Cultures are not built, they are created.
Reread that quote. A culture, whether it be something as large as your entire organization, or as small as your team, is a complex whole that is created organically through the manifestation and implementation of consistent behaviors, actions, and practices. When a new person joins an already established work culture, they can read the employee manual to get a sense of what the team is about, but what really resonates are the actions of their team members in their daily tasks.
Regardless of the industry you are in, the foundations for creating a great culture within your organization and team are always the same. Through these behaviors and actions, we can set the base for a great culture to emerge.Advertising
Who do we want to be?
In the case of a startup company, the founding members have the best purview of who they want to be and where they want to go. If you are starting a new team or taking over an existing one, you need to first take a step back and determine who you want to be, what will define you and your team, and what you see as the implementation of your guiding principles to achieve that goal. In its simplest form, this can be a set of tenets laid out on everyone’s desk that drive people’s actions, or a few keywords that reinforce those values. Whichever form it takes, remember that it must be clear. If you can’t articulate it in 30 seconds, how do you expect someone to understand it and follow it?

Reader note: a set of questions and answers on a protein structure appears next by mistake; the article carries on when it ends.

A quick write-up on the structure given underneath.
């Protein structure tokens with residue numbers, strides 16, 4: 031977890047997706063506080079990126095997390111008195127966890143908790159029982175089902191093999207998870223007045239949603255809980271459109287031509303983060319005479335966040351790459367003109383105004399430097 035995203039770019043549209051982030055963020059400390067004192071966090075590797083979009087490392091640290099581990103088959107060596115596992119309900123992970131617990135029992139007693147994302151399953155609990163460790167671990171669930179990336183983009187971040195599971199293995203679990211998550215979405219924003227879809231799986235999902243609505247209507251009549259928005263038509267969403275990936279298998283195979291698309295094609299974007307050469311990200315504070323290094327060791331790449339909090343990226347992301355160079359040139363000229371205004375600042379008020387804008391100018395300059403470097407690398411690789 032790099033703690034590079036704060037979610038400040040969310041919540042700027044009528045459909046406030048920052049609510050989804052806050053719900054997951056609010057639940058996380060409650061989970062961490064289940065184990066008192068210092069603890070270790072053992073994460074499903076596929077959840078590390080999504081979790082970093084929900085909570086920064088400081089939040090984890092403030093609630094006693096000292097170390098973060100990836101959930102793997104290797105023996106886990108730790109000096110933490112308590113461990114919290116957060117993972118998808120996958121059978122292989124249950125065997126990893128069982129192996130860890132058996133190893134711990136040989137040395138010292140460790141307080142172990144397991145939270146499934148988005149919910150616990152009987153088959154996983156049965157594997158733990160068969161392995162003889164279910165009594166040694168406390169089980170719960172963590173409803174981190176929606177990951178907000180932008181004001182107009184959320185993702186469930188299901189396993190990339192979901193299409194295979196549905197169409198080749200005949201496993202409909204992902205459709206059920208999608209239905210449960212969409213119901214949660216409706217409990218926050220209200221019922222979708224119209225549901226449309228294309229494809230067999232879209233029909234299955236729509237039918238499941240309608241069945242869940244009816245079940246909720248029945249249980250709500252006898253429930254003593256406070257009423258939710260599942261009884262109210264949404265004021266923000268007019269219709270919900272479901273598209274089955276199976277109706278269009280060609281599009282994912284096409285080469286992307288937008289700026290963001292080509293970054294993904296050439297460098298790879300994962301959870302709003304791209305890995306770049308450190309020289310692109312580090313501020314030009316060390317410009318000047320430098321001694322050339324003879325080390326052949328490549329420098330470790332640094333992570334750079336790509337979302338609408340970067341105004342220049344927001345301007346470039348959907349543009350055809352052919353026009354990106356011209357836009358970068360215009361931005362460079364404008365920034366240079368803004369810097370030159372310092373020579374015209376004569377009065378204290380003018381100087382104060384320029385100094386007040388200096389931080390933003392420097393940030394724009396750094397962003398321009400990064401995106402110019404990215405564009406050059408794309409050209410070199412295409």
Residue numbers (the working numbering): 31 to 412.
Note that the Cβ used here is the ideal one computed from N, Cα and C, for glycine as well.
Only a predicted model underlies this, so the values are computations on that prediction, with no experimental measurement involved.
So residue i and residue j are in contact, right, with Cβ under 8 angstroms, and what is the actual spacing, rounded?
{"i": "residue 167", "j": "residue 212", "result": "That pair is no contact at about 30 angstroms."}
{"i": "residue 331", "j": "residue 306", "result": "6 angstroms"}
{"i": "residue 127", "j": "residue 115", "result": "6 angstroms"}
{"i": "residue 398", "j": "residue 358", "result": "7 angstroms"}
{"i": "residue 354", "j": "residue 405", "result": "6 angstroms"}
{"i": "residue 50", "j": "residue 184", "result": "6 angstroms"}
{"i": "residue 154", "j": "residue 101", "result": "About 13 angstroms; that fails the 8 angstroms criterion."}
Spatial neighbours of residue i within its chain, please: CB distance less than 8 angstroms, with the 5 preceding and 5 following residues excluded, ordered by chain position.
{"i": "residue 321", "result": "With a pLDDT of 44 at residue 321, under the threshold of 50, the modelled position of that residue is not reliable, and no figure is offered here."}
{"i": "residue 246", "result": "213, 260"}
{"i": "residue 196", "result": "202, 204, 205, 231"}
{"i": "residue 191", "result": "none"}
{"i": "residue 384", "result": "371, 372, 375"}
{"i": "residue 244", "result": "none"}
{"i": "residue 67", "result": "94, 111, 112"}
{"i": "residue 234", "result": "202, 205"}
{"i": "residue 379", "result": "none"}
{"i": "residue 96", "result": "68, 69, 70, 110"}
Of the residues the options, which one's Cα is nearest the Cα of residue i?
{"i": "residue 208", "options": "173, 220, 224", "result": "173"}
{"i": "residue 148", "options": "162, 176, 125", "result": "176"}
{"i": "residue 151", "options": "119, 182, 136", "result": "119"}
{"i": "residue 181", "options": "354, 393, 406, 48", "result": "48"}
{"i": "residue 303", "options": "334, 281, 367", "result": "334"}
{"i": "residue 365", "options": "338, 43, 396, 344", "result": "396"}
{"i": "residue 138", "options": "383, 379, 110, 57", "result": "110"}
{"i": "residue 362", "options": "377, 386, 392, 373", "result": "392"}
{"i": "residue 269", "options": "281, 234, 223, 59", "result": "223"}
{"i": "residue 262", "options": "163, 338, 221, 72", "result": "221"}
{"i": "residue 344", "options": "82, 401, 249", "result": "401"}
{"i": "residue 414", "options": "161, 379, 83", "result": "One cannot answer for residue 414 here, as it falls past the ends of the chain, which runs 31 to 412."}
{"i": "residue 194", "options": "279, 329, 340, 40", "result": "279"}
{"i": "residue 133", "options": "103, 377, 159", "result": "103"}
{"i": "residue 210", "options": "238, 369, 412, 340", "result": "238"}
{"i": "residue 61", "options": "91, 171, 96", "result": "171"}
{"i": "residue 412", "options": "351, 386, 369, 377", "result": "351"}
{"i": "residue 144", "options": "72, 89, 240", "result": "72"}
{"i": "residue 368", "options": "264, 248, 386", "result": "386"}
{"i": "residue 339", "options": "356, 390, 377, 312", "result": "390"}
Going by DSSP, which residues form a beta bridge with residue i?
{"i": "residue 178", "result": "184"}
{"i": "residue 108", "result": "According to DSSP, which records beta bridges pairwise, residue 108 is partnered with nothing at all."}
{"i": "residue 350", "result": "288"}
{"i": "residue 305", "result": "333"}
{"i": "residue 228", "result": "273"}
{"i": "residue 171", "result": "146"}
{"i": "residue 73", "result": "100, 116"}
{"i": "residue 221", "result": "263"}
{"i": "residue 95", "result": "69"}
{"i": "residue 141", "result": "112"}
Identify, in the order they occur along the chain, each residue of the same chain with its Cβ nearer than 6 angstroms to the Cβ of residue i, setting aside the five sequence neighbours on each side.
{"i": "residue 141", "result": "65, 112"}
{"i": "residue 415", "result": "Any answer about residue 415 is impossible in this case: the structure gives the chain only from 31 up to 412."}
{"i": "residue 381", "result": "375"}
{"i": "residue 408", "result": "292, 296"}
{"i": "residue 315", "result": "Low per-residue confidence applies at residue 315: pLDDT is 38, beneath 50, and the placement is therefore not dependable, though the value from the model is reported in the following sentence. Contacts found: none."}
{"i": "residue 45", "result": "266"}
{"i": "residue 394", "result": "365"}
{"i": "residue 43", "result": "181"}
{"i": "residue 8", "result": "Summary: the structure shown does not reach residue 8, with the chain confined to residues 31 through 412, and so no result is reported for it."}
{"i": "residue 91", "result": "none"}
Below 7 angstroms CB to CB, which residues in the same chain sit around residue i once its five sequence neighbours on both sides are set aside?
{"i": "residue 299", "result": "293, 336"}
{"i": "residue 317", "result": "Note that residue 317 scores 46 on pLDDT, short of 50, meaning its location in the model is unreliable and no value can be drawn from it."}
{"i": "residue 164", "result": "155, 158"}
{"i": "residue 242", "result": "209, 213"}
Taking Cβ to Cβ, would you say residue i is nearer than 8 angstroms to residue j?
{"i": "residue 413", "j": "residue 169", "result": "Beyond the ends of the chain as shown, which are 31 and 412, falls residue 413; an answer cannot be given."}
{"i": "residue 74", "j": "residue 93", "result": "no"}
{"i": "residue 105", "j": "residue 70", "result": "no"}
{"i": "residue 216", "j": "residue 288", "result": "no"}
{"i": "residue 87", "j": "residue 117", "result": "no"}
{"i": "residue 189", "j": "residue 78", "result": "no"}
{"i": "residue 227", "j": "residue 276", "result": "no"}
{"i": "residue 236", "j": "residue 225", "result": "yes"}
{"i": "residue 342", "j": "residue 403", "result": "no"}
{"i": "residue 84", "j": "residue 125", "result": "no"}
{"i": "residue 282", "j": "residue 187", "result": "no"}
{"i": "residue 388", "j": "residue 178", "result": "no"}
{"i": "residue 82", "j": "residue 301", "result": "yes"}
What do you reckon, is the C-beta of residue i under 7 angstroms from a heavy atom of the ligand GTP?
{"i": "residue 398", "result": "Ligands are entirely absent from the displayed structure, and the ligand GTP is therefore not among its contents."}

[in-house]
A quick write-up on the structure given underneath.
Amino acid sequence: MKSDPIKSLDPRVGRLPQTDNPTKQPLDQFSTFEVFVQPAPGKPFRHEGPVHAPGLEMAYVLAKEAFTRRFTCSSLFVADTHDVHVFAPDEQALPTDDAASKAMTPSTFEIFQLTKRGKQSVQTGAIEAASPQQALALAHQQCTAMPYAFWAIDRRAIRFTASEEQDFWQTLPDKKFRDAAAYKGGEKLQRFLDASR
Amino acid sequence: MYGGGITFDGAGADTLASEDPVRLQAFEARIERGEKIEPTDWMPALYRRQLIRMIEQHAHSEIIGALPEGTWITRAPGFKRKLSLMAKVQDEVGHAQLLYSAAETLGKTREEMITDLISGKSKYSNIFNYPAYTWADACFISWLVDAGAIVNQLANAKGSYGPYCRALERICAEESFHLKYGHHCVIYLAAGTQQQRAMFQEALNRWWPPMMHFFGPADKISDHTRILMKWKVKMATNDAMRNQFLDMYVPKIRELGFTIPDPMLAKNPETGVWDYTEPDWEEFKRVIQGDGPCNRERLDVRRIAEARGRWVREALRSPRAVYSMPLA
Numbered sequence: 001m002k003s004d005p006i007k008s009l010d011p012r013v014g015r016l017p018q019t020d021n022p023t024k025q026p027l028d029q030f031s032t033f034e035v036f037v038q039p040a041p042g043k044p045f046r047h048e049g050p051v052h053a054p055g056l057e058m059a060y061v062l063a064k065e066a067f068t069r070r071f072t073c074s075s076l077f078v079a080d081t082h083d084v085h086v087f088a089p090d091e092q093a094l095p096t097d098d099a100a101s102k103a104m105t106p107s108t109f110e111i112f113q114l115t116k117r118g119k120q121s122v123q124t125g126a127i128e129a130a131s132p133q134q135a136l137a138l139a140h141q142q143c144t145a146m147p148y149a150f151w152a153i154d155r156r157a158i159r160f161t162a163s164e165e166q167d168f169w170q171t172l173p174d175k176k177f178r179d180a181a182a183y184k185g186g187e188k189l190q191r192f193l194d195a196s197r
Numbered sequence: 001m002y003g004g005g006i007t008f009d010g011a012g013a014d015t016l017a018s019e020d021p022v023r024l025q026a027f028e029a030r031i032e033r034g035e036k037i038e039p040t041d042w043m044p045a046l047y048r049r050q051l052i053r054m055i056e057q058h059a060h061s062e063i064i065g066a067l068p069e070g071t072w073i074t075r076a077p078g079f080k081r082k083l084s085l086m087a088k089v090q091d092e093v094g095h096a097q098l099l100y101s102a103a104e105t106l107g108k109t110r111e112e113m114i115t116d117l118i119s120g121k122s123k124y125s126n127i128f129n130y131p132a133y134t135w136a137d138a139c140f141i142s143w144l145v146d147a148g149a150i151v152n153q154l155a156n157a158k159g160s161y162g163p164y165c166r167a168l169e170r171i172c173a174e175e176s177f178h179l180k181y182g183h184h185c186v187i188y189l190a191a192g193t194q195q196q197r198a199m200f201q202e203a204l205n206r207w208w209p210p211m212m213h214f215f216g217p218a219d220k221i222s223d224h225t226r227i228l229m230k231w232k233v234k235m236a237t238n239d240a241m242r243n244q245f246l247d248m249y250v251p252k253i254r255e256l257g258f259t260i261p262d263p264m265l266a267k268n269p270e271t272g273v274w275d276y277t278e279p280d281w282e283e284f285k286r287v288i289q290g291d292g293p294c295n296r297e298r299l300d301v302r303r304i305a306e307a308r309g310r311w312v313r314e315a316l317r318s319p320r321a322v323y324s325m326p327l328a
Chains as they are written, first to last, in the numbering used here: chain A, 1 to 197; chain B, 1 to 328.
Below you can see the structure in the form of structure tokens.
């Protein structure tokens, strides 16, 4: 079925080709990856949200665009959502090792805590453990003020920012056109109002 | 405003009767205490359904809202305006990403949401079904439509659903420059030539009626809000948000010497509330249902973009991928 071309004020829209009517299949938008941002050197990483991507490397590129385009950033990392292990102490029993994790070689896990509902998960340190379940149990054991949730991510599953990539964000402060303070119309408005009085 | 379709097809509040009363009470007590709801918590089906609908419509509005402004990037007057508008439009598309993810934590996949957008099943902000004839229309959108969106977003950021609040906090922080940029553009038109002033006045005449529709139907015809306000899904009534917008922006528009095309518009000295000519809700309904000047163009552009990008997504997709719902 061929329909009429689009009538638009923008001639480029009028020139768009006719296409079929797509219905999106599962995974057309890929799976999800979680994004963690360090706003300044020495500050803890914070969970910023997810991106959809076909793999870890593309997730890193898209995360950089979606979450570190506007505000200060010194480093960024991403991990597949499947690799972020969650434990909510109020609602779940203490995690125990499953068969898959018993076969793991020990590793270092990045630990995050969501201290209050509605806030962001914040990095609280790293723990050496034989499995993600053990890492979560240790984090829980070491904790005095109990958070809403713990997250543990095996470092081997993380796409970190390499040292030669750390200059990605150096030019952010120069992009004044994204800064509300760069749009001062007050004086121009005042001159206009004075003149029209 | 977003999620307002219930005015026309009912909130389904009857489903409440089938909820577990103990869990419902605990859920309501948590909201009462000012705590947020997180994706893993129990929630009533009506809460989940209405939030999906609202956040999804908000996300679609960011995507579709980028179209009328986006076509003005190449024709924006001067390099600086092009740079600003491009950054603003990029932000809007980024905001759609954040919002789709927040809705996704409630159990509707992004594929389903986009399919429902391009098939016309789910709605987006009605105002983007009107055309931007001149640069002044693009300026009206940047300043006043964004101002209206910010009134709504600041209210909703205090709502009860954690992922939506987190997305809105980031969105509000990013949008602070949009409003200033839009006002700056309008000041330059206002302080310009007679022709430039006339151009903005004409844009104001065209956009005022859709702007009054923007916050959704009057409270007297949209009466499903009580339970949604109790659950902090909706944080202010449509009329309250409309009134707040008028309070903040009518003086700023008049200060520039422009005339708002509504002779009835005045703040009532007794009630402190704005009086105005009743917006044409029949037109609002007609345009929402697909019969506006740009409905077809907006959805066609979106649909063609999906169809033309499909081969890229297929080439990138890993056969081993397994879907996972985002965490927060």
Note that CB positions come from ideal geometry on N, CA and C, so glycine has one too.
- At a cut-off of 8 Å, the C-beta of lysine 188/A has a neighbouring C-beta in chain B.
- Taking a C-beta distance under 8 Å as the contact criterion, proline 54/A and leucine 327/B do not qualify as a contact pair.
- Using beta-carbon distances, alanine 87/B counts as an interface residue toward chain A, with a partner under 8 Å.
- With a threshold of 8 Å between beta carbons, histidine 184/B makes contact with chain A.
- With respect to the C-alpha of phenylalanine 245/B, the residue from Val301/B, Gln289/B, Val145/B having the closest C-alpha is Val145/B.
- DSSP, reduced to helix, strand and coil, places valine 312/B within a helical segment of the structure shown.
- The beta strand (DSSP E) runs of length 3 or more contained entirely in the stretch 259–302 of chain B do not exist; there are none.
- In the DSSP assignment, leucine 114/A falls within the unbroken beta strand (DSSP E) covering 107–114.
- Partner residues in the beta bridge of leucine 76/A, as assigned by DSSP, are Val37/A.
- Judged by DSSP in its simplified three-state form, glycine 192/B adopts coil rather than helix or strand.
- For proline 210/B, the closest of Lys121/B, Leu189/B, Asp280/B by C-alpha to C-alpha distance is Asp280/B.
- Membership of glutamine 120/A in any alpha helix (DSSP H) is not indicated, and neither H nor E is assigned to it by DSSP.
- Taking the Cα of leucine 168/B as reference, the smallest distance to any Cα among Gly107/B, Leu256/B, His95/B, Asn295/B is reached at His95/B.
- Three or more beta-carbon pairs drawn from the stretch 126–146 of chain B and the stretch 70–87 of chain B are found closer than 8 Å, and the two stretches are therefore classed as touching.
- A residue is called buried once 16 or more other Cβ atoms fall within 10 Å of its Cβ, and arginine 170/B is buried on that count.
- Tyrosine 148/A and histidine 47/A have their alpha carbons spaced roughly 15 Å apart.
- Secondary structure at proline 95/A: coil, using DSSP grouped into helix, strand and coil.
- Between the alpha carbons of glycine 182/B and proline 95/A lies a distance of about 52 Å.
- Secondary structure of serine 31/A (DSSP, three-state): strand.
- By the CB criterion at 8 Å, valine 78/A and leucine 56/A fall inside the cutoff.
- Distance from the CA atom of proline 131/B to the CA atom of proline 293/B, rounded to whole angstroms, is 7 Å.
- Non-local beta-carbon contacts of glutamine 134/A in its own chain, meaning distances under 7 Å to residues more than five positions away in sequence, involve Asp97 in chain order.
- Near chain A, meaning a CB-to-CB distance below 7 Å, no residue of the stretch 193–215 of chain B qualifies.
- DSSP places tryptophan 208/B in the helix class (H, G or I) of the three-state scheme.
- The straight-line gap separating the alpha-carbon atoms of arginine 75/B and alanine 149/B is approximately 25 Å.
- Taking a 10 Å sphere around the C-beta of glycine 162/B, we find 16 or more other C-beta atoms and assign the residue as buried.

If people are constantly asking for clarification, then you need to clean it up and simplify it.
In any team, there will always be failures and successes – whether it be for the team itself or an individual who made a mistake. A cornerstone of any great team culture is to ensure that when failures happen, they are treated the same as successes – what did we do wrong, how can we learn from this, what do we do next – those are the approaches to failure that breed trust within a team.Advertising
If every failure is harped upon and made an example of, then you’ll never get to see the benefits of empowerment, determination, and passion that shine through in those toughest moments. It must be emphasized that in these scenarios, trust goes both ways – just as you need to trust those on your team when they fail, you too should be trusted by your team when you fail and make mistakes.